Howrah Bridge is a cantilever bridge which connects twin cities of Howrah and Kolkata. It was commissioned in the year 1943. It was previously named as new Howrah Bridge. It replaced Pontoon bridge. On 14th June 1965, it was renamed as Rabindra Setu after Nobel Laureate Ravindranath Tagore.
In the year 1906 Port Commission appointed a committee headed by R S Highet, Chief engineer of East India Railways for study. It was proposed to make a floating Bridge. A tender was extended and awarded to a company. However the construction work got stalled due to start of World War I. In 1921 Mukherjee committee headed by R N Mukherjee referred the matter to Sir Basil Mott who proposed an arch bridge in 1922. New Howrah Bridge Commission submitted report in 1926. New Howrah Bridge Act was passed. In 1930 Goode committee was formed. M/s Rendel Palmer & Trittion recommended for suspension bridge following which global tenders were floated. A German company quoted the lowest price. However that tender was not awarded due to ongoing tension between Britain and Germany.
Braithwaite, Burn and Jessop Construction Company was awarded the contract. Construction stopped once again due to World War 2, mainly because all raw materials required for the bridge was diverted to war. Fabrication and erection contract was later awarded to Braithwaite, Burn and Jessop Construction Company. The project costed 25 million pounds. Due to World War 2, the bridge did not had a formal opening. It was finally commissioned in the year 1943. It is third largest cantilever Bridge in the world. Bridge deck hangs from panel point in lower cord of truss with 39 pairs of hangers.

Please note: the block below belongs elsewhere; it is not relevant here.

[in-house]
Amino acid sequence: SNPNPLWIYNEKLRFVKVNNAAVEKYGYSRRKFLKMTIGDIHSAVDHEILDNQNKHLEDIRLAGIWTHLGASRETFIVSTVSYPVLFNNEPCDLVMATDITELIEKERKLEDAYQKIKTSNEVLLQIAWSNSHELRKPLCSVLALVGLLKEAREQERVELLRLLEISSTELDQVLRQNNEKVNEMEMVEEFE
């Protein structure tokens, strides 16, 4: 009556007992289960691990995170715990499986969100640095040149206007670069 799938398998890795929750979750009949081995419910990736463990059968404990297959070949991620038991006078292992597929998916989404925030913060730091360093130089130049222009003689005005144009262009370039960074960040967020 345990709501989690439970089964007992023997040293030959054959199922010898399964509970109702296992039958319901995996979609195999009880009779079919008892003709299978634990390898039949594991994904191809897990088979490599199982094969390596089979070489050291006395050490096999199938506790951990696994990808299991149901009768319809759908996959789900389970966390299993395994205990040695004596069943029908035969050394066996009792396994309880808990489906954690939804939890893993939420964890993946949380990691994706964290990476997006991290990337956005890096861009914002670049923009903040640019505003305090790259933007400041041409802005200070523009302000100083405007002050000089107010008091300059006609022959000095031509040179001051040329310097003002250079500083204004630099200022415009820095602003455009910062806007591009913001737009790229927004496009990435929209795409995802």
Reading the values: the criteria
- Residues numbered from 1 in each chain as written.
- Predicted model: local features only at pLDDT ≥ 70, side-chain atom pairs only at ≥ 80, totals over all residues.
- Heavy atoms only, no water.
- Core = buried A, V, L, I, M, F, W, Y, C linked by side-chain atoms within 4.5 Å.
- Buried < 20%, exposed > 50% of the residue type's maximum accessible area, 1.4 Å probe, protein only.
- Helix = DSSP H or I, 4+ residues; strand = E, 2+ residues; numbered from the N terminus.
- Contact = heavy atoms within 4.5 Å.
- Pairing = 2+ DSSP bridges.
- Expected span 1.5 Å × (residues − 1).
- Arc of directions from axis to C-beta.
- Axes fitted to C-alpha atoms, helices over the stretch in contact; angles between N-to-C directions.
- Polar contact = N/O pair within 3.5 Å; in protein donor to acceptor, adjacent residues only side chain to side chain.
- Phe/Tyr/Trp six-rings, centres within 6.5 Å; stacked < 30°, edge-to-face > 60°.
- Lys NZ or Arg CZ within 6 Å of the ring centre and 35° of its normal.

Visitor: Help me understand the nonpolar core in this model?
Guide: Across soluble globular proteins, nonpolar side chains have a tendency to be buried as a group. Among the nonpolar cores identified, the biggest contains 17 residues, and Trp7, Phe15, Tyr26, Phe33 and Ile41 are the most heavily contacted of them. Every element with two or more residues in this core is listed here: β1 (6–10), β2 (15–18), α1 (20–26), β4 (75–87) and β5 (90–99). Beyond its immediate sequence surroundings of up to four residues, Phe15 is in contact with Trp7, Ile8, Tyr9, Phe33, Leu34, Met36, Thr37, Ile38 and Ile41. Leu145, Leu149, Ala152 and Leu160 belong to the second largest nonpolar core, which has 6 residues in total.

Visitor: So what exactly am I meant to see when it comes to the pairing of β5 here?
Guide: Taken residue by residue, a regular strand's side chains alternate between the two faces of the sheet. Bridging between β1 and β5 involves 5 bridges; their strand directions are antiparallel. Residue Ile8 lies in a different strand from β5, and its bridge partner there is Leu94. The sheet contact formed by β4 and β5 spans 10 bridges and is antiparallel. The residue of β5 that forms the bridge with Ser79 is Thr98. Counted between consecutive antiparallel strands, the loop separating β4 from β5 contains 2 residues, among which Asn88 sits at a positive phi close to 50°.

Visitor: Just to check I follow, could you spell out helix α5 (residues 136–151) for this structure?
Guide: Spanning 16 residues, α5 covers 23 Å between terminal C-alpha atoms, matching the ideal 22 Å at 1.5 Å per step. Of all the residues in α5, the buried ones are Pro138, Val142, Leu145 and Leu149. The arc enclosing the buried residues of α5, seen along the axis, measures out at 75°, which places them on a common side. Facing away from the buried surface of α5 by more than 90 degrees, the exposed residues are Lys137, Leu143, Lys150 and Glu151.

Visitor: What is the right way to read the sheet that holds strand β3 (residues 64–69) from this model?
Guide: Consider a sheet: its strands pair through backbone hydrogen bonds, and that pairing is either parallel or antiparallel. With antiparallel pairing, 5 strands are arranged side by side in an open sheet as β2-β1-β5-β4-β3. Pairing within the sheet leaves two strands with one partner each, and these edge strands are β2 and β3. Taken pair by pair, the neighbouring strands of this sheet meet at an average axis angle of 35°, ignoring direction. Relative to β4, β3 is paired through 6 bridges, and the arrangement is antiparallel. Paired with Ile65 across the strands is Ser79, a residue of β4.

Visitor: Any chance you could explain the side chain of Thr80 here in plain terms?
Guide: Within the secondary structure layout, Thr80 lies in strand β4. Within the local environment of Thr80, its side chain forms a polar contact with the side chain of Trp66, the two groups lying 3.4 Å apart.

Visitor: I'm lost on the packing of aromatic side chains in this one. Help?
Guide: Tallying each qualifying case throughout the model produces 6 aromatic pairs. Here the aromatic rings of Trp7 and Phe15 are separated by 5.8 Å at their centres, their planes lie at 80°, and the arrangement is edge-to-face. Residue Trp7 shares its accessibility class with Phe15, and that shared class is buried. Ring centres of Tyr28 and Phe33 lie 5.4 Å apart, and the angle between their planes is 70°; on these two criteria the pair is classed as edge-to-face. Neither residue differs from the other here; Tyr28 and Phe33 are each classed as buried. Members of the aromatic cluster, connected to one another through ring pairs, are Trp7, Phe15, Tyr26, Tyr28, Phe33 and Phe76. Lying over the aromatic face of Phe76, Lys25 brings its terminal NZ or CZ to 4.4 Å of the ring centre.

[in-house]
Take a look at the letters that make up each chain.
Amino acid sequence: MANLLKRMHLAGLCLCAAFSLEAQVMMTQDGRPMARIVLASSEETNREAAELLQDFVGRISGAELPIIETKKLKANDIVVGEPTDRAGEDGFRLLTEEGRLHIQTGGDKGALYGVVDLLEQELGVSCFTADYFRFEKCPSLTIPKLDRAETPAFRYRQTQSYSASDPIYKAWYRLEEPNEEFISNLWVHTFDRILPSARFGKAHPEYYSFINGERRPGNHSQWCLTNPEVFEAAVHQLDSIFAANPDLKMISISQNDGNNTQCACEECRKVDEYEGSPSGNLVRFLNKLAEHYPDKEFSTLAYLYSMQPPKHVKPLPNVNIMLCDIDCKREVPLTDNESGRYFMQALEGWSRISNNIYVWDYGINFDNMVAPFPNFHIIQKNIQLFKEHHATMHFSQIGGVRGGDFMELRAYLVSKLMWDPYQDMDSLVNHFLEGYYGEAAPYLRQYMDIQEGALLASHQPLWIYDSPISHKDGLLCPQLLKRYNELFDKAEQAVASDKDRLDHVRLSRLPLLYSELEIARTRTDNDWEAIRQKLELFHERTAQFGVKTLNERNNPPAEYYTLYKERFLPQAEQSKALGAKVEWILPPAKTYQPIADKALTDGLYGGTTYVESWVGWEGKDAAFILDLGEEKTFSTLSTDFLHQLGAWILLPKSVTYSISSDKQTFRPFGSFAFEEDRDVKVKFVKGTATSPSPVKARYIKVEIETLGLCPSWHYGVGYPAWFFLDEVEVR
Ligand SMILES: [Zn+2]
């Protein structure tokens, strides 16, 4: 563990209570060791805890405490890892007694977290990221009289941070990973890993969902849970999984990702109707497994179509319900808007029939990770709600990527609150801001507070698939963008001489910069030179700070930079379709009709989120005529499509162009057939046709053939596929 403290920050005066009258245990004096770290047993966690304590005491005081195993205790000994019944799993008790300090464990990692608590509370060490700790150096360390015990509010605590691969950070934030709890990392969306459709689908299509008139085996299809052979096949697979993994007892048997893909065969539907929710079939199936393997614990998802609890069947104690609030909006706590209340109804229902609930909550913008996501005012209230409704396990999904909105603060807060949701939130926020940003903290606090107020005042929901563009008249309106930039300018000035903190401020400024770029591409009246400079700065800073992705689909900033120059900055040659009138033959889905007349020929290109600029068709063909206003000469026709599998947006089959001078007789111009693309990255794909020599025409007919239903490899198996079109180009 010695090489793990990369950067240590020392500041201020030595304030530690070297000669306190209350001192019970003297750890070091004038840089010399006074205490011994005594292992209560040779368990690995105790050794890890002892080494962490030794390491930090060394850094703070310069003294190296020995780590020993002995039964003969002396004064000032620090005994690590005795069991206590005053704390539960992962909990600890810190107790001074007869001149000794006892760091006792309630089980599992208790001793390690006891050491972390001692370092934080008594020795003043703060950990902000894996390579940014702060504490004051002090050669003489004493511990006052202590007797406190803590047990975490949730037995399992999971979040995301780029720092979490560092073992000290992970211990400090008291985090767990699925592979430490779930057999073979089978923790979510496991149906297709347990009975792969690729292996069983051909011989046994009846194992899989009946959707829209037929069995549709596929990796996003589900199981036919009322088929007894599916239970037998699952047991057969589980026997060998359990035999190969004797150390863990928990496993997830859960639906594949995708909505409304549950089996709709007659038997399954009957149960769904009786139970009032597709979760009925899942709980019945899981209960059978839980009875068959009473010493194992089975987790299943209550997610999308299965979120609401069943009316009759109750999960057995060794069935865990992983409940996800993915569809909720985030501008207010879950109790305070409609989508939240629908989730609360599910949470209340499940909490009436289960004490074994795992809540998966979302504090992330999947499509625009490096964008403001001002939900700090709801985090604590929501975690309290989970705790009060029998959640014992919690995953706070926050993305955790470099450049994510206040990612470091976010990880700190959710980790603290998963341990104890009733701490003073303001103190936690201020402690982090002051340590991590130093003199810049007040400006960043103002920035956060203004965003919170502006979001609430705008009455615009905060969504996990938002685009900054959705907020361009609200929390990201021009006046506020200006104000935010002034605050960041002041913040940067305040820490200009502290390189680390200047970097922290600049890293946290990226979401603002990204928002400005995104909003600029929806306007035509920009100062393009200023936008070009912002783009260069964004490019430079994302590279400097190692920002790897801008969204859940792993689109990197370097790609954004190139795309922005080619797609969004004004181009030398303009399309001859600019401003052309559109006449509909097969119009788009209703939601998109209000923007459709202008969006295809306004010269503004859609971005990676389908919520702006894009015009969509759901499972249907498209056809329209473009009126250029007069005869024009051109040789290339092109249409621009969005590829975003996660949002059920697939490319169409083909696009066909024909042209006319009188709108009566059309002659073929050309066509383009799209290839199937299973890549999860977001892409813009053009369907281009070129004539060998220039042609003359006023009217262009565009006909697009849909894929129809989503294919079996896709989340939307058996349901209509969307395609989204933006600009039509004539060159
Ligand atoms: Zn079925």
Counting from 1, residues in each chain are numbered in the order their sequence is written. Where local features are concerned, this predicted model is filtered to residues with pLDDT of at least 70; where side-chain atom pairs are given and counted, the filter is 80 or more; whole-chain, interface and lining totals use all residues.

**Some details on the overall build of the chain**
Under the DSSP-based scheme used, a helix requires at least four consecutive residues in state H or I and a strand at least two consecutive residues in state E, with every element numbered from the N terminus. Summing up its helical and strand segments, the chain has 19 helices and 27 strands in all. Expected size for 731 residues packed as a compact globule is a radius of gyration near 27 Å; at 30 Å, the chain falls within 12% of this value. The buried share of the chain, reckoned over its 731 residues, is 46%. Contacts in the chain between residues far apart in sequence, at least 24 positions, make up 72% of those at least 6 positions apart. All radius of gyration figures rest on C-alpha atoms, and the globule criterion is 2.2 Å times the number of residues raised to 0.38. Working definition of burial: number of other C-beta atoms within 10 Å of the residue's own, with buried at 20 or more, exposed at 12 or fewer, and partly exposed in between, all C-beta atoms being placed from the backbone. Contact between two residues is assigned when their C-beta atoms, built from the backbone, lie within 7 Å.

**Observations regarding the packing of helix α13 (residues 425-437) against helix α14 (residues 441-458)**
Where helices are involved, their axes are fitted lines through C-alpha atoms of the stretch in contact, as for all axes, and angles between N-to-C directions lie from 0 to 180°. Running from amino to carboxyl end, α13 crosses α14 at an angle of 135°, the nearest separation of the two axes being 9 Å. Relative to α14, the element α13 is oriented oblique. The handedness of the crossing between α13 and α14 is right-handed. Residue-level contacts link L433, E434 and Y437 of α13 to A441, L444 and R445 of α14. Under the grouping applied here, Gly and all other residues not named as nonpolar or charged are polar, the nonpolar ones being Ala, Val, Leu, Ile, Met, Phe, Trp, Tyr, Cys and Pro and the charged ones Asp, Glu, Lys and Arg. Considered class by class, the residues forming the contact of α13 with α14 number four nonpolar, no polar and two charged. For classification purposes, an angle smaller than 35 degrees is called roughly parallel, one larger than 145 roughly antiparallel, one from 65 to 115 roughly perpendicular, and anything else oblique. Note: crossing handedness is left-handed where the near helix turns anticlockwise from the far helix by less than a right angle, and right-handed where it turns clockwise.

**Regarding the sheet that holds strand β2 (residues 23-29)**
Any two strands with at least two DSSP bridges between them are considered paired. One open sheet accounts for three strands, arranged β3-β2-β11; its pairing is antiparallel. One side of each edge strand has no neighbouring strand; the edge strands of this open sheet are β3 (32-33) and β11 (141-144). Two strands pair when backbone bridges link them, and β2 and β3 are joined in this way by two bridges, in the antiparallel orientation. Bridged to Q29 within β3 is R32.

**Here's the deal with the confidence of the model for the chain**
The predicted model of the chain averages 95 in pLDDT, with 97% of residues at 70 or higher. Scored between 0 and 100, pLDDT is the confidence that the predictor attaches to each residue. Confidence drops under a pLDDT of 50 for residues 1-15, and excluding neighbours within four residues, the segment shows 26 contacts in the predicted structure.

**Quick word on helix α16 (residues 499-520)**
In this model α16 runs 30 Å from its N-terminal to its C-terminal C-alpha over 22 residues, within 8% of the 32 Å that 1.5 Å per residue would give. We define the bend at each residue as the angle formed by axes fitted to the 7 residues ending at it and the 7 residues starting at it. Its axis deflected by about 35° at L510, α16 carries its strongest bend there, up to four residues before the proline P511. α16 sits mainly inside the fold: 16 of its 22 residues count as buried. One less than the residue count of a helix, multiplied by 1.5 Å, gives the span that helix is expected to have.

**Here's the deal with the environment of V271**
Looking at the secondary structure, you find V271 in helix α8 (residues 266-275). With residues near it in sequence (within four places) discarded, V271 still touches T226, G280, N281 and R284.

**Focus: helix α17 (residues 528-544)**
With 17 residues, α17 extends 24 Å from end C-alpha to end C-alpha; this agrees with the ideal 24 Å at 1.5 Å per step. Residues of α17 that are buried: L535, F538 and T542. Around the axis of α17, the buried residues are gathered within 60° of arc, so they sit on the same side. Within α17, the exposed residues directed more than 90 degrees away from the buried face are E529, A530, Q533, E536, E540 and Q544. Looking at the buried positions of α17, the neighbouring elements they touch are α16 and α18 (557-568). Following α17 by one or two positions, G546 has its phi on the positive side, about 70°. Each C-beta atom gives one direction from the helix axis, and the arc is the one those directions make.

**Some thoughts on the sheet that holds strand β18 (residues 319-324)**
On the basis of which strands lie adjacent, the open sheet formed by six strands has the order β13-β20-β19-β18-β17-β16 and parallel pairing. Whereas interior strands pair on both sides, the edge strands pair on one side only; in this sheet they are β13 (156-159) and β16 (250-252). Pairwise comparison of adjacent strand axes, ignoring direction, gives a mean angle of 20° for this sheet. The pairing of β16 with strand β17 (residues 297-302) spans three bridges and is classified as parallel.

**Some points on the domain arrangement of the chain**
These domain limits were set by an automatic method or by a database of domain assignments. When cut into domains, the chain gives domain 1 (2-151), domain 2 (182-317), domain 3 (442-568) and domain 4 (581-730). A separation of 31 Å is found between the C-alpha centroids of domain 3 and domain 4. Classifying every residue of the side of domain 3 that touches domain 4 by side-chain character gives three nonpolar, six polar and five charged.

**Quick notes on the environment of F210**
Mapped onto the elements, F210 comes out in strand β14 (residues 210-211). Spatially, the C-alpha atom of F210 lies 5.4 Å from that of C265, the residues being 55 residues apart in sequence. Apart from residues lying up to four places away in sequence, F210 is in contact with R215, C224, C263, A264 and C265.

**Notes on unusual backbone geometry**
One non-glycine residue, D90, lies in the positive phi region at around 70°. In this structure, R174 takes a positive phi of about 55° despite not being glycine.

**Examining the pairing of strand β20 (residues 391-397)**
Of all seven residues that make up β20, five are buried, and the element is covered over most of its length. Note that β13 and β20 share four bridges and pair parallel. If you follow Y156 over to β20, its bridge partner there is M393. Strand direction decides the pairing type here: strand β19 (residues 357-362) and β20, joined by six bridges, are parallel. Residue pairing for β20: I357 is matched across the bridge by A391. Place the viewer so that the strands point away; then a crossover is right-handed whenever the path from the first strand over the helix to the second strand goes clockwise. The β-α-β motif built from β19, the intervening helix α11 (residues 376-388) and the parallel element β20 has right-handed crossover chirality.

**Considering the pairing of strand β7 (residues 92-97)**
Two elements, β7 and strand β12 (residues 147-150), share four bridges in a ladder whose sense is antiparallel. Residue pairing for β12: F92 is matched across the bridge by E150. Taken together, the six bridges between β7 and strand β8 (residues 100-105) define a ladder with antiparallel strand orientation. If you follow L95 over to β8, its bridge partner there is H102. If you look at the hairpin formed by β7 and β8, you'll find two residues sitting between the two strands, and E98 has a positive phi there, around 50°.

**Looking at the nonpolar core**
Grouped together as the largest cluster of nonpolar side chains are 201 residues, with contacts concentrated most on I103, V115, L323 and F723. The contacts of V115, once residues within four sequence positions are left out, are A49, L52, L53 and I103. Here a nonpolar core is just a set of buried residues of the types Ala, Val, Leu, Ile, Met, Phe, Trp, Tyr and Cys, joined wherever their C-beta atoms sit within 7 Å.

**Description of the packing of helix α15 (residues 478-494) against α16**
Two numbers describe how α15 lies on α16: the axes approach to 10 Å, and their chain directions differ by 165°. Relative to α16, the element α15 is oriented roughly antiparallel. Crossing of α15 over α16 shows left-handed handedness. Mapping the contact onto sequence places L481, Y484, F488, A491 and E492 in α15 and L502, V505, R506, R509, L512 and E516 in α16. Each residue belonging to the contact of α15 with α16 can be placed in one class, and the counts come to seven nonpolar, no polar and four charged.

It is maintained by Kolkata Port Trust. Initially, it had a problem of corrosion due to bird dropping. It was cleaned with annual cost of 5 lacs. After which, it was painted with primer zinc chromate and later painted with aluminium paint. Apart from this, hangers need to be protected from corrosion as well. Kolkata Port Trust covered the base of steel pillars with fiberglass casings to prevent corrosion.
On 24th June 2005, a cargo vessel named MV Mani had his funnel stuck underneath the bridge. It was trying to pass below the bridge during high tide. It caused substantial damage to the bridge. Immediately Kolkata Port Trust swung into action. Original Consultants M/s Rendel Palmer & Trittion from UK were called upon. Steel Authority of India supplied matching steel. Finally repair work was completed by 2006.
Many Indian films featured Howrah Bridge. Howrah Bridge is not a bridge, it is an emotion for local people.